There is one service design flaw that engineers repeat day after day, month after month, year after year. Scalability? Nope, though it’s popular. Security? Happens, but not that frequently. Serviceability? Getting warmer. Give up? Don’t care because you don’t work on services? You will, and when you do, you’ll care.

The pervasive service design flaw is incompatibility. Service neophytes might wonder how this could be. After all, a wonderful thing about services is that you own the machines and versions of software running on them. If there was ever a situation where you could finally escape legacy software and control your environment, it would be services. Right? Wrong. Dead wrong.

Production services are a mixed blessing.

  • A blessing because you control much of the environment, including the versions of software and hardware running.
  • Mixed because those versions are always mixed, even if it’s just for a few minutes at a time. Thus, your services need to work in mixed environments—new versions need to be compatible with old versions. Not scared yet? Just wait.

The horror

If you’re unfamiliar with services, perhaps you’re familiar with Windows applications. In particular, you may remember what used to happen when you installed two applications, each with a different version of the same shared dynamic linked library (DLL). The applications would often get confused as to which version to load, causing one or both applications to fail.

This problem was compounded by poorly written installers (that is, nearly all installers), which would overwrite a new version of a DLL with an old version. Uninstalling applications was even worse since you needed to reference count shared DLLs to avoid removing them prematurely, which only the best installers did well (that is, almost none).

The net result was that installing a PC game or utility would break a completely unrelated productivity application, and vice-versa. Many DLLs were shared by multiple applications, so there might be only one install sequence that could make all the applications work, or perhaps no sequence would work if one of the applications used a new version of one DLL and an old version of another. We had a name for this situation: “DLL Hell.”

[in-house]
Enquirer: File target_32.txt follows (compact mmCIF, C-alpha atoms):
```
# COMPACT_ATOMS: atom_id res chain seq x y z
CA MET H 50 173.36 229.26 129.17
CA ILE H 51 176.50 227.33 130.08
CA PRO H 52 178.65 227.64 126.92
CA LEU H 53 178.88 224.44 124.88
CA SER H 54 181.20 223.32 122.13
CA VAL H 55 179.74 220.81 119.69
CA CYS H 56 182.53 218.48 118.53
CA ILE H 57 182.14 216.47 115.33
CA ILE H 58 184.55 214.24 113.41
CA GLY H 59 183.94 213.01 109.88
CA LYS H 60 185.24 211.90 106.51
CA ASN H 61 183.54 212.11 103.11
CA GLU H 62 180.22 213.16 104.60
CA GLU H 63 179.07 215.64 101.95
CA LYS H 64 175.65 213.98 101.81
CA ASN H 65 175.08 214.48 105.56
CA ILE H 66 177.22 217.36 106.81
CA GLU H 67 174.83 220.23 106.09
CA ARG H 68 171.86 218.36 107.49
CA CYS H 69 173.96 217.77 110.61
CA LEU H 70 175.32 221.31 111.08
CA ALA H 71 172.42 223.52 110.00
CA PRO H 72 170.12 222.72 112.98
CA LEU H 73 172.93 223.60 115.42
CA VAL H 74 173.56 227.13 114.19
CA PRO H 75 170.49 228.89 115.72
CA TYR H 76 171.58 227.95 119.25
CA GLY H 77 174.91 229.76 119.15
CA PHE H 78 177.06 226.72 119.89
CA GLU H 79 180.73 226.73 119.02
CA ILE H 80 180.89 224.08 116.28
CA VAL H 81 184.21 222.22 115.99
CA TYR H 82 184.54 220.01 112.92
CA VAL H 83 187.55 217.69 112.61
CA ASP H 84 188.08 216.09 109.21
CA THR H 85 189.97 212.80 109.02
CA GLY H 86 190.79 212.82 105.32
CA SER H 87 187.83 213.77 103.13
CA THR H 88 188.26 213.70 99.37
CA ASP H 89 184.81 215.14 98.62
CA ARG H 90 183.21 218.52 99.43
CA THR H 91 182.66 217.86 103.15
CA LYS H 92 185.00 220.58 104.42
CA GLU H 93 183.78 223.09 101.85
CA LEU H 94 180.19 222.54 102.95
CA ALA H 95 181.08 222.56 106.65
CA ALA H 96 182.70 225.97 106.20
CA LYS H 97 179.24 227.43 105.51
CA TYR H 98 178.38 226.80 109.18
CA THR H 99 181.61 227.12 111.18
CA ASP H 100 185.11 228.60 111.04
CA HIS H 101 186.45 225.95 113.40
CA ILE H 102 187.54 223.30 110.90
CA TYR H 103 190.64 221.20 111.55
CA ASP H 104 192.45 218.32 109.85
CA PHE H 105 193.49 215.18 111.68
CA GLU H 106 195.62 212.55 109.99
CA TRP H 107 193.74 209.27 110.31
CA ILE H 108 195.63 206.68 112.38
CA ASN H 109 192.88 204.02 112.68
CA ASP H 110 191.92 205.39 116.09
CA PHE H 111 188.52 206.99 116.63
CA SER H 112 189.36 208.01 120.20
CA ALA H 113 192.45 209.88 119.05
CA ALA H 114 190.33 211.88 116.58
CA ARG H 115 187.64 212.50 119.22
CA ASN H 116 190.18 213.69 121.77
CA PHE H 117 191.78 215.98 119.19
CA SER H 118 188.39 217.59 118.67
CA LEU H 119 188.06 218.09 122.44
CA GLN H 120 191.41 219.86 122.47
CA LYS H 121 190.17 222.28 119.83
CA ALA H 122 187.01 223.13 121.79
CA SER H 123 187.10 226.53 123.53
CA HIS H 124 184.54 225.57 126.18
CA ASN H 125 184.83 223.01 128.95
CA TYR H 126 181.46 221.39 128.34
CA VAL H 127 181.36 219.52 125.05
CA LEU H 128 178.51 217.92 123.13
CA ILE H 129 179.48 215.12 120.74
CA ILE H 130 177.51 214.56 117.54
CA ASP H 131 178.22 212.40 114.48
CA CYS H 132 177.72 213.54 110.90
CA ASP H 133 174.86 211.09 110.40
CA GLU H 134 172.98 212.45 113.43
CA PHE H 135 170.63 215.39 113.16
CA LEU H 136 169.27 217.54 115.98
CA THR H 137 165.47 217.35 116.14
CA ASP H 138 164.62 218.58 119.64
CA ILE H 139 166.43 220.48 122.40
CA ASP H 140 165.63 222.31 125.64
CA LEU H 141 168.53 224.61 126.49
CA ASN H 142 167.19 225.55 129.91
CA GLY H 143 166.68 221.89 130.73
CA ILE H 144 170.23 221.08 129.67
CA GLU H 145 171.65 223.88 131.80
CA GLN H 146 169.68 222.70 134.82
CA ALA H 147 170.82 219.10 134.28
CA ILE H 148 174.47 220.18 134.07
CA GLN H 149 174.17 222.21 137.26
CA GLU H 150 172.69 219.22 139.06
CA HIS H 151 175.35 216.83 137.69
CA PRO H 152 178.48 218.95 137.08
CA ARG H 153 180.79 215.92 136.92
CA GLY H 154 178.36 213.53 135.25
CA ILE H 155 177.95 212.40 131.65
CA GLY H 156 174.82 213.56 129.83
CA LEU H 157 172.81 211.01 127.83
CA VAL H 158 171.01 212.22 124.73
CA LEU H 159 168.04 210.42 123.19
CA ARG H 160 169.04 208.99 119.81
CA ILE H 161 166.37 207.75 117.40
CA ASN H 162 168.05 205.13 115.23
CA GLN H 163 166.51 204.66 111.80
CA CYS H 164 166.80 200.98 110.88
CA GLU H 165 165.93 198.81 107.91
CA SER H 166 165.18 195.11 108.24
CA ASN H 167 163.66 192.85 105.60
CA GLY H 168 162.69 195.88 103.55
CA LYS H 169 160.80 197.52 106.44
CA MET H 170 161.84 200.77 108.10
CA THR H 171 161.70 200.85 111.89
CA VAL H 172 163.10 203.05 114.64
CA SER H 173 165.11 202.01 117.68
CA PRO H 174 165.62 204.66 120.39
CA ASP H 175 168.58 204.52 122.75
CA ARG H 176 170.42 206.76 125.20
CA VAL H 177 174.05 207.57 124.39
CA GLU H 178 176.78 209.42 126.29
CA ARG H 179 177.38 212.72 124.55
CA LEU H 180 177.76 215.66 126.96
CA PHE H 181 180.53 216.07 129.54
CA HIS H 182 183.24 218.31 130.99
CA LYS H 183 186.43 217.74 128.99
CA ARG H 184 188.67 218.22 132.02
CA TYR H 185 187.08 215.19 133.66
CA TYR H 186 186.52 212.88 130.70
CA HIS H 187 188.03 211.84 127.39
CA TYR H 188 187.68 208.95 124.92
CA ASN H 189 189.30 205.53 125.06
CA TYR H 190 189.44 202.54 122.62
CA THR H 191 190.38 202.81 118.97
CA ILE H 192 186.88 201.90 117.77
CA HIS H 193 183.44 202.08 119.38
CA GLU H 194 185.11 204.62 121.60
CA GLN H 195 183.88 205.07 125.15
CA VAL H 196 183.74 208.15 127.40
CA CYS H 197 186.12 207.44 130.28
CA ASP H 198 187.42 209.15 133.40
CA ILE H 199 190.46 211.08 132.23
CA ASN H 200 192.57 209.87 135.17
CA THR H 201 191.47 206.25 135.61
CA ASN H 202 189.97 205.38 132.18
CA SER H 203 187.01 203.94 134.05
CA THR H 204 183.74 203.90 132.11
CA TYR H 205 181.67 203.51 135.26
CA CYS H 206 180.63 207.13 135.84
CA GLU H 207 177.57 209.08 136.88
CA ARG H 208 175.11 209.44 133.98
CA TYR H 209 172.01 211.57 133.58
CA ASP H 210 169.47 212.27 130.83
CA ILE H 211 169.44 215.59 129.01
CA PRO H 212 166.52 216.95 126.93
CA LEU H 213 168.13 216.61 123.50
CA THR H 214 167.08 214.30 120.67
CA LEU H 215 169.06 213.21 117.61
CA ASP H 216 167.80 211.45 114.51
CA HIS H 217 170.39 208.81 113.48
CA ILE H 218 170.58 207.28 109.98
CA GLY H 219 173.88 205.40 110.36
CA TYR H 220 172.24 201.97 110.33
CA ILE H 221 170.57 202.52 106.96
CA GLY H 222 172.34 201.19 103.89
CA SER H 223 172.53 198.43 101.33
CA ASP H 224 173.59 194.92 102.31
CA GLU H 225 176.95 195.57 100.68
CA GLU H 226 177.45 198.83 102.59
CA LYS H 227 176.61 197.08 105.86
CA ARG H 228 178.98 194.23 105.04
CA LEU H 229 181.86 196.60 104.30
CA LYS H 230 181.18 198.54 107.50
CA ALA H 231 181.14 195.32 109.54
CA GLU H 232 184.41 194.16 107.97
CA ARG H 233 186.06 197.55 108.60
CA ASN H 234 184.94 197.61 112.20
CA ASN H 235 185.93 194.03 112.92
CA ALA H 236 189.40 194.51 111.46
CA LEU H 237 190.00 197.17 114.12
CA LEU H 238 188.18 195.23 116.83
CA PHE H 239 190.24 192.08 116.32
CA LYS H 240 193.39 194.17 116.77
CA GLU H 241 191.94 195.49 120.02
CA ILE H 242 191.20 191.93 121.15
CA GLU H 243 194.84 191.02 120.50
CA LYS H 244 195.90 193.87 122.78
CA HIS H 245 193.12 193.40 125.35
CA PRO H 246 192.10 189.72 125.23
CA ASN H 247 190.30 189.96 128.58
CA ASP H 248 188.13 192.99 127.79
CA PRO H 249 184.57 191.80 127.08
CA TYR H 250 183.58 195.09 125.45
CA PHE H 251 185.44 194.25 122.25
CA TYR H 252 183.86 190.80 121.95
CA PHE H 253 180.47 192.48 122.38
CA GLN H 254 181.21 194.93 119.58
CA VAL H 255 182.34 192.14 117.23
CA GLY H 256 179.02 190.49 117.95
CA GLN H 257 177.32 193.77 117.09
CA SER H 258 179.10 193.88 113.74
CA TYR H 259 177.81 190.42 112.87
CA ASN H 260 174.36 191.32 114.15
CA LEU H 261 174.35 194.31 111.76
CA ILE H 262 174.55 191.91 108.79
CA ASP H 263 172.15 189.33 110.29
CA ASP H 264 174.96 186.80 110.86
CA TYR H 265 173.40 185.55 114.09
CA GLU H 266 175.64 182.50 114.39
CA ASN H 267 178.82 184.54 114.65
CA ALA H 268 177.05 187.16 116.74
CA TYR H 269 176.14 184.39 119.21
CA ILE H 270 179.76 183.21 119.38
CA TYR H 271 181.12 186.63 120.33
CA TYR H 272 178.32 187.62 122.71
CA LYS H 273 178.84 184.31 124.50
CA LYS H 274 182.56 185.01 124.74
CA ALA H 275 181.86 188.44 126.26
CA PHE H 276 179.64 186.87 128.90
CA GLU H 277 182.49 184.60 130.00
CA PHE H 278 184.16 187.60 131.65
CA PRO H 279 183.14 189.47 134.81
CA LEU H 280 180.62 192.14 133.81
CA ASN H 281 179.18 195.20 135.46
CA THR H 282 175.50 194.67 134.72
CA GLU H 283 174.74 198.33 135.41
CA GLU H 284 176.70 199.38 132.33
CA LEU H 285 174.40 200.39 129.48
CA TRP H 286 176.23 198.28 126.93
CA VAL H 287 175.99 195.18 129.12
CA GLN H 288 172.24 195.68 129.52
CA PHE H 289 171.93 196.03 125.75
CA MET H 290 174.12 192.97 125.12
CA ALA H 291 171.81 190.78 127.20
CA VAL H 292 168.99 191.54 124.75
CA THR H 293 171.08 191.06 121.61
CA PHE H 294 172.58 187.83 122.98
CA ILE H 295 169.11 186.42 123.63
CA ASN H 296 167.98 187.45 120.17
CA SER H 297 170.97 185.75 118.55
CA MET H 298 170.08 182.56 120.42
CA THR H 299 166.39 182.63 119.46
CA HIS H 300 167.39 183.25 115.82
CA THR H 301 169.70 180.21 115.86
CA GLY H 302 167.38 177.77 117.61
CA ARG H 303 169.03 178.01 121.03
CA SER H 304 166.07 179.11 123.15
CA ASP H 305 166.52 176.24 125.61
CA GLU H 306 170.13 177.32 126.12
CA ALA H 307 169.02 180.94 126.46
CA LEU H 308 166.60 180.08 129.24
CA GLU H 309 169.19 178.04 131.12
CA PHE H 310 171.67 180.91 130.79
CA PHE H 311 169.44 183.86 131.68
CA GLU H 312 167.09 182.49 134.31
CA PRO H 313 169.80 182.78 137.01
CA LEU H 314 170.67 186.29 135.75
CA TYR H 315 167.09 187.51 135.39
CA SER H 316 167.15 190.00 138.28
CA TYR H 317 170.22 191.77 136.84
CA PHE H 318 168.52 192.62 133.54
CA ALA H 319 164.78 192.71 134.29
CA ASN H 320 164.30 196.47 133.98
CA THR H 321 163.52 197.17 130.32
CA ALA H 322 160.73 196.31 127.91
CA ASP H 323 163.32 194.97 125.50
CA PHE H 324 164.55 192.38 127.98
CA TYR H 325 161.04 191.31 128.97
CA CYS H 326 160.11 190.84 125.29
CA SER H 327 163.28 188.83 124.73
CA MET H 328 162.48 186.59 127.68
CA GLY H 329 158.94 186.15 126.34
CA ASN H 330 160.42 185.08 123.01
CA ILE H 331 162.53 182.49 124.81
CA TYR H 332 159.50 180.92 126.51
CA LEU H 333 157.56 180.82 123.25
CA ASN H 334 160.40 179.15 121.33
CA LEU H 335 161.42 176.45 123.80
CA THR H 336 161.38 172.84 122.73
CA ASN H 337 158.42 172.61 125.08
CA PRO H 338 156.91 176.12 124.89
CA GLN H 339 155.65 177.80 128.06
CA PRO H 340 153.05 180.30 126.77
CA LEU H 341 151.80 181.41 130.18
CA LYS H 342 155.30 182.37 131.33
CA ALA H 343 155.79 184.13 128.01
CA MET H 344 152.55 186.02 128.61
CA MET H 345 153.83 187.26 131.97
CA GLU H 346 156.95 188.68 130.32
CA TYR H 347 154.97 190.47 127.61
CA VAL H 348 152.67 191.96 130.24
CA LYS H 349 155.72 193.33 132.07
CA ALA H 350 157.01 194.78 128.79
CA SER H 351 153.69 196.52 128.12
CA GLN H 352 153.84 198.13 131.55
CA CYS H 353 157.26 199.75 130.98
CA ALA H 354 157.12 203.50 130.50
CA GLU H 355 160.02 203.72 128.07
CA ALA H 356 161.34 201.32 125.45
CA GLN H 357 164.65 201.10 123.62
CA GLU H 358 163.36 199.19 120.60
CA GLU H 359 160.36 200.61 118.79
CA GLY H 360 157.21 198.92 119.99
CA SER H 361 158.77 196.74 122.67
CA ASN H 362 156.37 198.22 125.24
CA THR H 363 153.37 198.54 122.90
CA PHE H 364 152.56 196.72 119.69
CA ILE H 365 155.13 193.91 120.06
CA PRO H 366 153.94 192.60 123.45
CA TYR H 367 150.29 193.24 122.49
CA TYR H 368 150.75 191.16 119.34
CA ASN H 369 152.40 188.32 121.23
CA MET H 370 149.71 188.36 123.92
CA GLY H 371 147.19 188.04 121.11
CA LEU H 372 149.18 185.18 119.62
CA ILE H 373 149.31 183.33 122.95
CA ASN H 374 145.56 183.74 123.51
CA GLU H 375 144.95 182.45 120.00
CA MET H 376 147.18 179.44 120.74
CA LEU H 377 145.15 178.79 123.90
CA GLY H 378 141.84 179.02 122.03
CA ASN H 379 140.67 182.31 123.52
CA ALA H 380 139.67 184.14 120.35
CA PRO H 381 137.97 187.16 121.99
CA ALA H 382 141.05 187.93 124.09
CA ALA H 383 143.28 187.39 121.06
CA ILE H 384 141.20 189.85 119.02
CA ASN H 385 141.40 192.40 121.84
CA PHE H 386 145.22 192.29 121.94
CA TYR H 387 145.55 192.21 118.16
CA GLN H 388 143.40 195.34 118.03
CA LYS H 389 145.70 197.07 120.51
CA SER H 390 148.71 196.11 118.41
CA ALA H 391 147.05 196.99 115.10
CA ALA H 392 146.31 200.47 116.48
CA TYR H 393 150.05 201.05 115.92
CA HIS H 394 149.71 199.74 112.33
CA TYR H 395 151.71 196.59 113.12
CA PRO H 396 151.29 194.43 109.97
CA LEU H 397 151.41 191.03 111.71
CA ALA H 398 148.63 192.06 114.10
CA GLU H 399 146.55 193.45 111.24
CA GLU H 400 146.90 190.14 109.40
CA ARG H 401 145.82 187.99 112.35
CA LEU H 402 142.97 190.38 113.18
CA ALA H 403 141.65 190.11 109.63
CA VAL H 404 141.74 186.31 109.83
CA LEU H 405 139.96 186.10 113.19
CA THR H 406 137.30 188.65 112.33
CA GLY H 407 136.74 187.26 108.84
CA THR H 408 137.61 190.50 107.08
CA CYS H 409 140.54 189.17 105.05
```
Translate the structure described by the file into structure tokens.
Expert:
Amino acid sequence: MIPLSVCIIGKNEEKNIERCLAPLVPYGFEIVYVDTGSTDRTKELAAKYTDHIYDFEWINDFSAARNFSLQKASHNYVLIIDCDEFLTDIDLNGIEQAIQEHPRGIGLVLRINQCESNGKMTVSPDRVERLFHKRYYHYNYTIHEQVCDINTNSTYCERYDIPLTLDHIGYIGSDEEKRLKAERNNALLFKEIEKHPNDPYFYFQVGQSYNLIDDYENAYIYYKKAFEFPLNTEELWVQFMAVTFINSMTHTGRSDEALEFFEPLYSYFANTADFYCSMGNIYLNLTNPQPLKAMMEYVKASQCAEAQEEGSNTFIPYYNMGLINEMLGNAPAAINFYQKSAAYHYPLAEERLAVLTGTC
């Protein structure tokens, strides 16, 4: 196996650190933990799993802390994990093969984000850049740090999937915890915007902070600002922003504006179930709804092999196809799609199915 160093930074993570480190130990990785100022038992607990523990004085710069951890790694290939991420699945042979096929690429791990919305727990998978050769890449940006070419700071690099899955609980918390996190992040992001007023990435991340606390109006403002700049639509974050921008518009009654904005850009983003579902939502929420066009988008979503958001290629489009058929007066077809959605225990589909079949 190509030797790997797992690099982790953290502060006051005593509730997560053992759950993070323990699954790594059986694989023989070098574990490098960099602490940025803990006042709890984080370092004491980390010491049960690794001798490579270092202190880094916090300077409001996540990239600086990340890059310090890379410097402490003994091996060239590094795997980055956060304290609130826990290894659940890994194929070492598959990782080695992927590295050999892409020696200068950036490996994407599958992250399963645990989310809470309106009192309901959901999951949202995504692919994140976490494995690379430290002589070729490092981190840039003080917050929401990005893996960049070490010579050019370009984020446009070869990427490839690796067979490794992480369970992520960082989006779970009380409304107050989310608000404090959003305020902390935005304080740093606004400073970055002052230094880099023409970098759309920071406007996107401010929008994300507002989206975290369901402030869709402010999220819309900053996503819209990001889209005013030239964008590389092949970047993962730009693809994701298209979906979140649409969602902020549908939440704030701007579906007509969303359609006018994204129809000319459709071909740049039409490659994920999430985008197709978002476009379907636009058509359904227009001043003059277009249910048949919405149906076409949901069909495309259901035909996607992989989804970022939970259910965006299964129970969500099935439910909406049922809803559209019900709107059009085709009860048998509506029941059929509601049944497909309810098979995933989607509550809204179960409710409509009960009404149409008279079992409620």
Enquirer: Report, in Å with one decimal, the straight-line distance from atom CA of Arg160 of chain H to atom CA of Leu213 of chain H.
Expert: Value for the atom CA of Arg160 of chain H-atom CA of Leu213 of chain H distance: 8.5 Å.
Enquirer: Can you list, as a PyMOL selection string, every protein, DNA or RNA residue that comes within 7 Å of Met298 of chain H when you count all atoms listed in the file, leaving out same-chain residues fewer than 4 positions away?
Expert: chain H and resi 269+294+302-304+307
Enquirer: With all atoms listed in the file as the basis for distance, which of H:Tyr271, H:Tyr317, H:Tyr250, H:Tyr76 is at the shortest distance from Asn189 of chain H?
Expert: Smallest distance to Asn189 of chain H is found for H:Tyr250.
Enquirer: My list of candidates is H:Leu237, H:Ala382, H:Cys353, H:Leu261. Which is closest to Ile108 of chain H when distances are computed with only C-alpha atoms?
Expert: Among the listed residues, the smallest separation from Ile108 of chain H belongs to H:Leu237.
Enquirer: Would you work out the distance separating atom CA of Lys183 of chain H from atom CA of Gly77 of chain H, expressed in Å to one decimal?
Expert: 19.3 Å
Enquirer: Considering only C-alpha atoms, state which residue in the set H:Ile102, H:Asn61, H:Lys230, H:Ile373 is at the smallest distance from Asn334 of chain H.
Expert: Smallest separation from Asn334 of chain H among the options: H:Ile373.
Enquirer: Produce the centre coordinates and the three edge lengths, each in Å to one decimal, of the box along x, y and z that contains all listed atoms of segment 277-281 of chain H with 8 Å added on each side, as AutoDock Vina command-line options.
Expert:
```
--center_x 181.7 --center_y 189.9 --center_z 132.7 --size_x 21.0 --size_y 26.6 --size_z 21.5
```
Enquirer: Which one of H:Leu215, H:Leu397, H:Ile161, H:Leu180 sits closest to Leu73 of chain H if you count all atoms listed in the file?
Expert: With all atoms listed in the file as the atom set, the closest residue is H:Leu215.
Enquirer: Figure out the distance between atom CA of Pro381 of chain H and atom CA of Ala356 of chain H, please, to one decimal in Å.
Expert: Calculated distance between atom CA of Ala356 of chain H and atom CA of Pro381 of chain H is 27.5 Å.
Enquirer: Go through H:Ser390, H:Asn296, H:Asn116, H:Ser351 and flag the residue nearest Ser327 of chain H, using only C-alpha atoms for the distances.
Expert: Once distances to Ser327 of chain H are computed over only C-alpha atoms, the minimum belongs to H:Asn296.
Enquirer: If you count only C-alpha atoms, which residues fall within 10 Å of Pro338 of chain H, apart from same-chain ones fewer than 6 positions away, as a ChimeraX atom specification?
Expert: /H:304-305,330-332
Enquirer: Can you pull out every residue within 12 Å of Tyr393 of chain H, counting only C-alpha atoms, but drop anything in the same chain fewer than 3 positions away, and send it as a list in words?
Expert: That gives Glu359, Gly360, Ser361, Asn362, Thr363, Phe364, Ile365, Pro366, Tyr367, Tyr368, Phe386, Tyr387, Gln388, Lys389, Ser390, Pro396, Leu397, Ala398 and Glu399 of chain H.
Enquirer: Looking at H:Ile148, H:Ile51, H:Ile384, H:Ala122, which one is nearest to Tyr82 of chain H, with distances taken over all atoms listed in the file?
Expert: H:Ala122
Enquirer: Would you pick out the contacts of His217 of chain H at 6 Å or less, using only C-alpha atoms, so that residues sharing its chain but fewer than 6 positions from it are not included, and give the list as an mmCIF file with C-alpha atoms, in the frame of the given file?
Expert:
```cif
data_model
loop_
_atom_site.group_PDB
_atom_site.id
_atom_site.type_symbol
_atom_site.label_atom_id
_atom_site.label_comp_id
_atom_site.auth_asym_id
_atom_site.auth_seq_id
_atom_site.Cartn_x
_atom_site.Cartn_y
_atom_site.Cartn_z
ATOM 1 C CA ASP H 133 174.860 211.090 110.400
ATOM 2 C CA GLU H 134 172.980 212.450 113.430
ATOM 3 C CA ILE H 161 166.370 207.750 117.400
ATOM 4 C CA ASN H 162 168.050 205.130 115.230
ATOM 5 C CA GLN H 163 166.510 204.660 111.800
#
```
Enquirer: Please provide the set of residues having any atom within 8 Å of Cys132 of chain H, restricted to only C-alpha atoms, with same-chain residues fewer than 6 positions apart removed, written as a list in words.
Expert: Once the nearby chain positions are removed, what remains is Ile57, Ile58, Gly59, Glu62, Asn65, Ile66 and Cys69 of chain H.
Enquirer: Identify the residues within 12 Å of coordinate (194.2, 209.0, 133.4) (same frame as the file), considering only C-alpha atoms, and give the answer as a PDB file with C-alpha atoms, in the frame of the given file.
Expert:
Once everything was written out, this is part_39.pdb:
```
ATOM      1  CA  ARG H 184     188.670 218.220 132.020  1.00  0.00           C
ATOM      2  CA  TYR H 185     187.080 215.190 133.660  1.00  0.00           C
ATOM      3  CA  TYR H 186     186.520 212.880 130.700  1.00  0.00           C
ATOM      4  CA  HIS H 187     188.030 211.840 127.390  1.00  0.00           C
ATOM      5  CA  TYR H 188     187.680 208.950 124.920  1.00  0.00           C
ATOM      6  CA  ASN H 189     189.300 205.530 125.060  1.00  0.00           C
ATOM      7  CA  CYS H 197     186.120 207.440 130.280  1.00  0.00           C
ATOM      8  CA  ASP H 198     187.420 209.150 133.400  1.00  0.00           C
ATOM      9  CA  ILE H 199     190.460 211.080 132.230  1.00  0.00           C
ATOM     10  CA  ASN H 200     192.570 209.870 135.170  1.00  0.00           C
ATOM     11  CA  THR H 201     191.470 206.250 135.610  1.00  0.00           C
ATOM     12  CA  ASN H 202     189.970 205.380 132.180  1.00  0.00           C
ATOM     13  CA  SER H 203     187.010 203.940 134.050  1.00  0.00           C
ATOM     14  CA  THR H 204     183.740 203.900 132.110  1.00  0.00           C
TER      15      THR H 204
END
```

These days Windows prevents installers from overwriting shared DLLs and runs different versions of DLLs at the same time, giving each application the version it wants. Thank goodness we’ll never see DLL Hell again—right?

Eric Aside

I’m only giving a brief overview of DLL Hell. Follow the Wikipedia link if you’re interested or a masochist.

Synchronicity

Most services run on multiple machines—some run on thousands of machines. When you deploy a new version of a website or service to production, the update isn’t instantaneous. There will always be a time when some clients will be using the new version and some will be using the old version, unless you shut down your service during deployment (yuck!). What’s more, your website or service probably depends on other services that also independently update in a mixed way. Is this problem sounding familiar?

Unlike Windows, no one controls the World Wide Web operating system. There’s no one protecting old services you depend on from being overwritten or rolled back. There’s no one insisting that services run multiple versions side-by-side.

“Wait, what if you use a virtual IP address in front of a load balancer? You can take machines out of rotation, update them, and then put them back in.” Clever, but what about the first set of machines you put back? Unless you shut down your service and let all the connections drain, there will be several minutes when both the new and old versions of the service are in use. The same problem happens when using Azure’s DNS flip. So, what can you do?

Forward and back

Mixed environments mean you must design new versions of your service to work with old clients (backward compatibility) and old versions of your service to work with new clients (forward compatibility). Shared resources must be forward and backward compatible as well—images, media, xap files (Silverlight), JavaScript, and CSS—because they will all be shared between old and new versions. If that sounds a bit subtle or tricky, then you’re beginning to understand why incompatibility is such a pervasive service design flaw.

Luckily, most modern services use versioning in the service contract to ensure the right version of interfaces is invoked and/or run multiple versions of services side by side using exposure control. If you use exposure control as I described in There's no place like production, it’s relatively easy to direct traffic to the right version of your service. Then you can deploy new versions of your service without worrying about breaking old clients. That is, if you forget about the data. Oh yeah, that’s right—the data.

Commander Data